Family names and towns in the Ukraine #ukraine
Leon Koll <neghsiwej@...>
You can find some info about Yelisavetgrad/Kirovohrad on my MILLMAN sitetoggle quoted messageShow quoted text
http://capital.lk.net/~leonkoll/millman/ - just follow the
"Elisavetgrad" link there.
-- Leon Koll
Subject: Family names and towns in the Ukraine
Lenn Zonder <lenwriter@...>
Yelisavet'grad, now known as Kirovohrad, Ukr.
Schloime ben Zalman Dov Zamachovsky, 1851-1926, born
in Ukraine and died in New Haven, CT. He was my
great-grandfather. He married Beila (last name not
known). She was born in Ukraine 1860 (possibly Uman),
died New Haven, CT. 1948. They had two children both
born in Yelisavet'grad, Sendor, in 1891, migrated to
New Haven, CT. via Antwerp, Belgium in 1906. Jack
(Yacob)migrated with his parents to New Haven in 1909.
Sendor changed his name to Samuel Zonder shortly after
his arrival. The others adopted the new name on their
Sam and Schloime were both tailors. Jack was only six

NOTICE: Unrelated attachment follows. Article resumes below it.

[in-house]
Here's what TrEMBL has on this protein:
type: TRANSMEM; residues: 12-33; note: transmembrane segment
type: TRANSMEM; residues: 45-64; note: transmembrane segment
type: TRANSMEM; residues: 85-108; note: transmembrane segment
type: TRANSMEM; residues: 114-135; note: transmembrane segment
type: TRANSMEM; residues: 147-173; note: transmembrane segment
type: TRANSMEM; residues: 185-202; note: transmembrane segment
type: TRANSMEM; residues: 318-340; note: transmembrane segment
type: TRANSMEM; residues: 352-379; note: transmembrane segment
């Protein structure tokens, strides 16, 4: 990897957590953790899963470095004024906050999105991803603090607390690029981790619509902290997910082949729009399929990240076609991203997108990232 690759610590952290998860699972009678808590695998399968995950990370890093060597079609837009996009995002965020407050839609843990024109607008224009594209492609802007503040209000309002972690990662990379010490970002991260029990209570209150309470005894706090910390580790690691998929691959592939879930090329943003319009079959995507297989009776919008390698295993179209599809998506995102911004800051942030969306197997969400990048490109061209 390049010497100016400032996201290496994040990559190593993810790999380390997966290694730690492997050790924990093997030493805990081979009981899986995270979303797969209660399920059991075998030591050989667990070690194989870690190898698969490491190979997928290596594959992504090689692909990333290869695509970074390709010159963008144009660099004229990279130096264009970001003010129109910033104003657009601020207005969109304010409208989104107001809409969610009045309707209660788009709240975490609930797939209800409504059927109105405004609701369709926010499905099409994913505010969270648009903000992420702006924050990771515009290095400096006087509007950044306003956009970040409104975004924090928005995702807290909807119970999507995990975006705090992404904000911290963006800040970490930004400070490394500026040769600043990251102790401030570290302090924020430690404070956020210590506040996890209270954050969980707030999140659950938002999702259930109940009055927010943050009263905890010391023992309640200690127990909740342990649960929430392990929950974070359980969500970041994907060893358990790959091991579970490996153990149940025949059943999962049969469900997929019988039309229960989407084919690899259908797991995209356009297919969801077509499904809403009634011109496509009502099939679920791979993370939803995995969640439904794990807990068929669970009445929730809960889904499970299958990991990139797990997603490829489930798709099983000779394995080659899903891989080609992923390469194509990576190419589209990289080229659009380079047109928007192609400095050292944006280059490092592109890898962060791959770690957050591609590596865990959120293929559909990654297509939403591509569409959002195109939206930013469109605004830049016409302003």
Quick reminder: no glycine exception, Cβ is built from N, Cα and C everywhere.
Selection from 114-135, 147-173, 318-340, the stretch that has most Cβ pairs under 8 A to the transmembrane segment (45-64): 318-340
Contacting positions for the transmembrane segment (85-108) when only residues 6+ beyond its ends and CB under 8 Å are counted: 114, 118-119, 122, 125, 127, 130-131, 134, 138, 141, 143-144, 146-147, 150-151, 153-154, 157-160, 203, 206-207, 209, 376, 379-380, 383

Sam moved to New York City in 1912. His parents and
his brother remained in New Haven for the rest of
Note: According to my late father, his grandmother had
eight children. This fact was confirmed by the EIDB.
However, neither my father nor his uncle, Jack, ever
knew what happened to the other six children.
Isaac Brodsky, born in Zlatapol, moved to
Yelisavet'grad prior to 1894. He worked as a
Isaac married Malka Belachovsky. She was killed in the
Yelisavet'grad pogram of 1905. Isaac and Malka had
seven children. My grandmother, Lily (Leah) was the
oldest of three girls.
Lily moved to New York City around 1910 and lived with
her oldest brother at 297 Rivington St. in Manhattan.
Isaac arrived in 1912 with the youngest children and
by 1918 was living in Brooklyn near the Brooklyn Navy
Sam and Lily married in 1915. They had one son, my
father, Leon, in 1917. Lily and her father both died
in the Spanish Influenza epidemic of 1918.
Woodbridge, CT 06525